Meetings are in constantly evolution. We huddle for spontaneous, quick brainstorms or we tend to prefer formal meetings with notes and fixed roles. We had audio calls some time ago, nowadays we connect with colleagues in hybrid meeting with a video first mentality. We have short and long meetings. There are days completely filled with meetings and meeting-free Fridays. With our Meeting Barometer we want to measure if the quality of today’s meetings is improving (or deteriorating) compared to the previous quarter.
Meetings are changing constantly
In our 2019 research on the Future of Meetings, we dove into the expectations that employees had for their future meetings. Meetings would be shorter, more informal. They would be mostly remote and full of technology. The outlook was clear: we were moving into a video conferencing first meeting culture. Little did we know, that with the pandemic, this outlook would be a reality sooner than we expected. Almost instantly did we move away from face-to-face, long & formal meetings and we said goodbye to bad quality audio conferences overnight. 2020 became the year of remote and hybrid meetings, where we all learned to turn on our video and mastered meeting tech like pro’s. Read on to find out more on the benefits of hybrid working
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Let’s measure that change!
Does having more (or less) meetings change our perception on the quality of our meetings? Are we experiencing remote and hybrid meetings differently? We felt it was to high time to keep track of the quality of meetings over time. With the introduction of a hybrid meeting culture, we actually wanted to measure the effect of the use of meeting technology (like UC apps, large screen monitors, interactive whiteboards, AV setups, wireless presentation and conferencing systems, virtual reality systems,...).
Together with a new research on “Finding a new balance. Research on hybrid meetings”, Barco ClickShare is also introducing the Meeting Quality Index to keep the pulse on how meetings are changing and what the role of technology over time. To keep the finger on the pulse, we will give quarterly updates on the Meeting Quality Index from now on.
So, are our meetings getting better? Or worse? And why?
It comes as little surprise to see that employees feel there are more meetings now than there were last year, with 48% saying meeting frequency has increased. Employees in lockdown often complained about the multitude of Zoom, Microsoft Teams or Webex meetings at home. The number of users of these respective UC &C platforms rocketed sky-high and some form of WFH fatigue actually kicked in.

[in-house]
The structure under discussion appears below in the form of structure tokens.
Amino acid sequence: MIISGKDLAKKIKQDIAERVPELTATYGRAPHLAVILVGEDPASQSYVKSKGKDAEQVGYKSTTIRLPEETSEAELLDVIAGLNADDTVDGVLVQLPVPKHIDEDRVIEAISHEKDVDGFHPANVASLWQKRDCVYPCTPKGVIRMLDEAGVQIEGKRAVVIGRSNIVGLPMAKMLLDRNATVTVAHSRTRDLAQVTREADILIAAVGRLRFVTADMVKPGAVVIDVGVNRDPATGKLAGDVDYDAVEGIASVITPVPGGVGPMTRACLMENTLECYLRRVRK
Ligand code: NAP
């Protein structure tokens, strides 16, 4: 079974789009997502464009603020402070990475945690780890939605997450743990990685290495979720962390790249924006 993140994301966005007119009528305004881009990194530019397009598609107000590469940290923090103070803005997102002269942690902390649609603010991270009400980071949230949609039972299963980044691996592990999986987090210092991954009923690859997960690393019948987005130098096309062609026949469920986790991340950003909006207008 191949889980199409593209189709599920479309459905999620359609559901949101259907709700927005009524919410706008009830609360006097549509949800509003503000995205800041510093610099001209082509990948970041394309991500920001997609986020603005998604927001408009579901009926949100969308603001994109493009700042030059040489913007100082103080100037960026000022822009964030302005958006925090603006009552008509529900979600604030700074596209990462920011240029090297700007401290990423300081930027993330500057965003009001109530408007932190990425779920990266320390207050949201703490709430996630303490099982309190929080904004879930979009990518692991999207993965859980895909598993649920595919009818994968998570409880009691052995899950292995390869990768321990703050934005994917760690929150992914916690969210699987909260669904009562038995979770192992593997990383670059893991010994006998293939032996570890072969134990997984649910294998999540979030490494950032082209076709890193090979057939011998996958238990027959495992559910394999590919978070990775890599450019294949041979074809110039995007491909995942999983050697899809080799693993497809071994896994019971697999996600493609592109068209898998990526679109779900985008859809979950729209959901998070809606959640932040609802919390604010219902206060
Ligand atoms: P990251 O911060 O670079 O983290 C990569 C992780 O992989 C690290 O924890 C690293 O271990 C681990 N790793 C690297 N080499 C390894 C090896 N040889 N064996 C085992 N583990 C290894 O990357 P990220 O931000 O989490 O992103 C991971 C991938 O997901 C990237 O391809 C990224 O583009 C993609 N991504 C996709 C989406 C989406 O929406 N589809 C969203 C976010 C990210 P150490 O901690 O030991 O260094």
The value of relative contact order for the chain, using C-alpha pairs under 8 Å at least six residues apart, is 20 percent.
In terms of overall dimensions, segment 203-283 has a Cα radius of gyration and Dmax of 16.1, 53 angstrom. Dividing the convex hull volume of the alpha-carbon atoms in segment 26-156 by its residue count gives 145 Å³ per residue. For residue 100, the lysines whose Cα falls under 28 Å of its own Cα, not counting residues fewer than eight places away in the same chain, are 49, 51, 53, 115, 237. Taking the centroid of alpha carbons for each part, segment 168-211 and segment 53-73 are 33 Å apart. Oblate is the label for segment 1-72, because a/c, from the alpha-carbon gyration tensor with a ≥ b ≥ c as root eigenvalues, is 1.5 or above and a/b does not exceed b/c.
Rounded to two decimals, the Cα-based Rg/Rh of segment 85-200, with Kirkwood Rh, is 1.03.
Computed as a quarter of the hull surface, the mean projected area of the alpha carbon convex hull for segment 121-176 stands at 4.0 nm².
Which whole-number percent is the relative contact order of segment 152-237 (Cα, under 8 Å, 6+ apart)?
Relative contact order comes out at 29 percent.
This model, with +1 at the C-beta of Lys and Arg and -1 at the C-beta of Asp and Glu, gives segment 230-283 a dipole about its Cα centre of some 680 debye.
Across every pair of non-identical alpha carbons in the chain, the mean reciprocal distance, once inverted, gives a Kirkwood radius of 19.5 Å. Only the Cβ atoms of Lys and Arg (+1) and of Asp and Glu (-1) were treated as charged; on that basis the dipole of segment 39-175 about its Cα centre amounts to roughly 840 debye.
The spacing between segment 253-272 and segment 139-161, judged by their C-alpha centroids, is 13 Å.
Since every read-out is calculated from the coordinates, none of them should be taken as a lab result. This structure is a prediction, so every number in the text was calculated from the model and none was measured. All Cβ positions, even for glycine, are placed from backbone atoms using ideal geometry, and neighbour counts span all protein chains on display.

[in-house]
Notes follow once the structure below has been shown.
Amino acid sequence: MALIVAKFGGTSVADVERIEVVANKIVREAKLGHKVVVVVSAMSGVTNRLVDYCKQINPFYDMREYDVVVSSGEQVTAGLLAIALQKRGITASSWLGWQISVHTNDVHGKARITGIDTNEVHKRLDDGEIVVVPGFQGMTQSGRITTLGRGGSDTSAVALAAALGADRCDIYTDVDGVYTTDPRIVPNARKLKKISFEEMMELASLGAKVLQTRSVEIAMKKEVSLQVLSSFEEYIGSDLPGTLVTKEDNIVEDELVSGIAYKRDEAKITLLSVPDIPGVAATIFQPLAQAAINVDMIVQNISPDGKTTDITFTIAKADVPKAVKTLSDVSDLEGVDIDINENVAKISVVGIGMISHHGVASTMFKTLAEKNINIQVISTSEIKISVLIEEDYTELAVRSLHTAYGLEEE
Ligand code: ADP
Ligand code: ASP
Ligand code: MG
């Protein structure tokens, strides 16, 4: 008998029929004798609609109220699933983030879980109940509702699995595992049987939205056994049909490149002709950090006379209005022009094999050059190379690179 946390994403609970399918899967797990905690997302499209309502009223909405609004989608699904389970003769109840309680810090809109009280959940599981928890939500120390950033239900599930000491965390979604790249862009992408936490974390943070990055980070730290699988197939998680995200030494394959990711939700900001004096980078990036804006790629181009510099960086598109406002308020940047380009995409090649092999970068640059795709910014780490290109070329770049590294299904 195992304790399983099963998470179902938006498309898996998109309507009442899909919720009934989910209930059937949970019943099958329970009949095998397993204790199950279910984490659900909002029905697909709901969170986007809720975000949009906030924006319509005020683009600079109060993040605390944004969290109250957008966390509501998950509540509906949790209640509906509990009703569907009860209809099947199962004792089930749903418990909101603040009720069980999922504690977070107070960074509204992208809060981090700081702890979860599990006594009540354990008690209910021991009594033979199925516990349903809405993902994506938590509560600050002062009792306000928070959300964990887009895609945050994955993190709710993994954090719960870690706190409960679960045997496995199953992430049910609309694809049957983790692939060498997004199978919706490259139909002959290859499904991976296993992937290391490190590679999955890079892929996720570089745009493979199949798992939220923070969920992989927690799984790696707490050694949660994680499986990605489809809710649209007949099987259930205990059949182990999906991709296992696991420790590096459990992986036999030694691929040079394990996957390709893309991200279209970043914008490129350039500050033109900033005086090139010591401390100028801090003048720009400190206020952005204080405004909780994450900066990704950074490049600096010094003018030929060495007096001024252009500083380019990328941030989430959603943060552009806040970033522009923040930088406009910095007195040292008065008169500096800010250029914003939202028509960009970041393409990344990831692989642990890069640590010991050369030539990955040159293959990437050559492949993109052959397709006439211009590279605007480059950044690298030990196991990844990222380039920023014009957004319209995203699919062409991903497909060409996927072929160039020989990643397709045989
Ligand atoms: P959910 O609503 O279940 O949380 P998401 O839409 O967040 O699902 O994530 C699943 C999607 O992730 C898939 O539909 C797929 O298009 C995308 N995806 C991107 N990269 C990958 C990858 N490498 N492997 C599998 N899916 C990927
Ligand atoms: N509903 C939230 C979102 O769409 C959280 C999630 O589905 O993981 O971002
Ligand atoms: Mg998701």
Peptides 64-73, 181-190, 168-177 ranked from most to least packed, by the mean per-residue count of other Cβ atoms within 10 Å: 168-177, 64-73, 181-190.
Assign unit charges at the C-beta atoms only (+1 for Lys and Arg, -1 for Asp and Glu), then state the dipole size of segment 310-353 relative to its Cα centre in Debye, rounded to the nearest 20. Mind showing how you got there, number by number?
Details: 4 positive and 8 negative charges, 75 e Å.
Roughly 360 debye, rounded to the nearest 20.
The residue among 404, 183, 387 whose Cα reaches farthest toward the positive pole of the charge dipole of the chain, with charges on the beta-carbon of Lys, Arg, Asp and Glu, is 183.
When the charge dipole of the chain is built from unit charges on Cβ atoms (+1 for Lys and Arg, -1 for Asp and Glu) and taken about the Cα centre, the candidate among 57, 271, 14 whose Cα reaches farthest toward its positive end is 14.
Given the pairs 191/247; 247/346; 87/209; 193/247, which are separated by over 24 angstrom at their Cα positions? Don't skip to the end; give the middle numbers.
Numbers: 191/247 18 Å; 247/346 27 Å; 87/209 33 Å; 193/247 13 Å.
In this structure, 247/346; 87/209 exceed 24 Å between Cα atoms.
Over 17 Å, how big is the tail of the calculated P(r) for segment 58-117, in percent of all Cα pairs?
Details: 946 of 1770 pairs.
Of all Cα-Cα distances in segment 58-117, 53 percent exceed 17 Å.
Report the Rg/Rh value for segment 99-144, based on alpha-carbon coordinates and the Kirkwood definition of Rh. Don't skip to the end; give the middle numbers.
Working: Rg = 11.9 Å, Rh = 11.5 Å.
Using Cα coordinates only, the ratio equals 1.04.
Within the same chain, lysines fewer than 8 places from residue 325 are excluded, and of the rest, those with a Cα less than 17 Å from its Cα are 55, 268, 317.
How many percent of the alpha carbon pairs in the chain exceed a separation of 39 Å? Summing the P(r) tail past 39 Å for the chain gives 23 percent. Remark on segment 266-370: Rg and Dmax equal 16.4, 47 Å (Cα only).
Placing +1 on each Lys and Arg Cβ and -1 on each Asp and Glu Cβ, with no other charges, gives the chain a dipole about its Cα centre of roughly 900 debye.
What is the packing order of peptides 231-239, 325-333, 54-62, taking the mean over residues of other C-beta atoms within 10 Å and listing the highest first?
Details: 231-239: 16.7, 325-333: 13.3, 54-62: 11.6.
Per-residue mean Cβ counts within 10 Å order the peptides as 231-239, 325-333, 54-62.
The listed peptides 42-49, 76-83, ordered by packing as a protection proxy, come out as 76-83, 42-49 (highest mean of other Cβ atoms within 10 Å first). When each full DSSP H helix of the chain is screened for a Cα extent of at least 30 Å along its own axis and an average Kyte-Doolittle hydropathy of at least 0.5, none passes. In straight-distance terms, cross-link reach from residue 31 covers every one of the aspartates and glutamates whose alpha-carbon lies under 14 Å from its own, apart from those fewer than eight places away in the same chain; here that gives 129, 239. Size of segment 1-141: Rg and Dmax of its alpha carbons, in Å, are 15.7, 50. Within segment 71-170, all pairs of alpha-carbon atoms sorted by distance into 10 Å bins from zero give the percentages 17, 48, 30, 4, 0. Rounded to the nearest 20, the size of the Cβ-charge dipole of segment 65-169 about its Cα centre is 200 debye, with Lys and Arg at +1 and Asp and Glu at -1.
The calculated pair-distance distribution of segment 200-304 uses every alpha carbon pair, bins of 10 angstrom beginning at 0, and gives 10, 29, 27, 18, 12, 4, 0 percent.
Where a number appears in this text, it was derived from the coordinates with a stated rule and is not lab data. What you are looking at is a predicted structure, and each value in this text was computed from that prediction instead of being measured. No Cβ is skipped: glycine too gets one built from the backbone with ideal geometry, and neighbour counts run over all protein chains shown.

What is more surprising is that employees overall still feel cautiously optimistic about meetings in general. To show the evolution in meeting expectation and the improvement of collaboration every quarter, we’ve created a Meeting Barometer. The barometer is measured in the same way the Net Promotor Score is measured, by detracting the negatives (respondents that think meetings have worsened) from the positives (respondents that feel meetings have improved). In 2019, we come to a score of 63 in favour of improved meetings. This number dropped to 17 in 2020 which means the number of people who believe meetings have improved still outstrips those who believe they have got worse by a factor of nearly two to one. In conclusion, the Meeting Quality Index suggests a cautious positivity about the quality of meetings compared to last year.
We expect a better class of meeting and technology
When we check what employees want to see from future meetings, it’s clear that there are high expectations for technology-driven improvements for meeting rooms. Tech is expected to improve meeting quality even further. Read on to discover 3 simple steps to equip your current meeting deck for better hybrid meetings.
The biggest priorities are technologies that improve efficiency and usability, and which streamline workflows like apps for joining a video confer¬ence in one click, or voice recogni¬tion technology, software for remote co-creation and Instagram-style filters for video conferencing.
There is also a clear focus from em¬ployees on engagement and enabling better collaboration with colleagues. We expect to see virtual reality tools to enable remote participants to appear ‘in person’ in a room or AI that provides feedback on participants and their engagement in meetings.
It’s clear, we need meeting technologies to facilitate more human con¬nectivity between physical and virtual participants in future. Indeed, 49% say that collaborating remotely with colleagues, clients and others does not come naturally.
“There will always be a need for face-to-face interaction, we just need to find the right balance between physical contact and virtual collaboration. If enterprises can achieve this blend, supported by the right technologies, and help staff adapt to the raft of changes that are happening to every facet of their lives, they will be fit for the future and ready to deal with the challenges we all face over the coming months, and to seize the opportunities that will surely follow.” (Lieven Bertier, Segment Marketing Director Workplace at Barco)
If technology can help to tackle this and enable hybrid and virtual meetings that foster better connections between participants, we will see meeting quality and employee engagement continue to rise. Keep on following ClickShare for regular updates of the Meeting Barometer in future.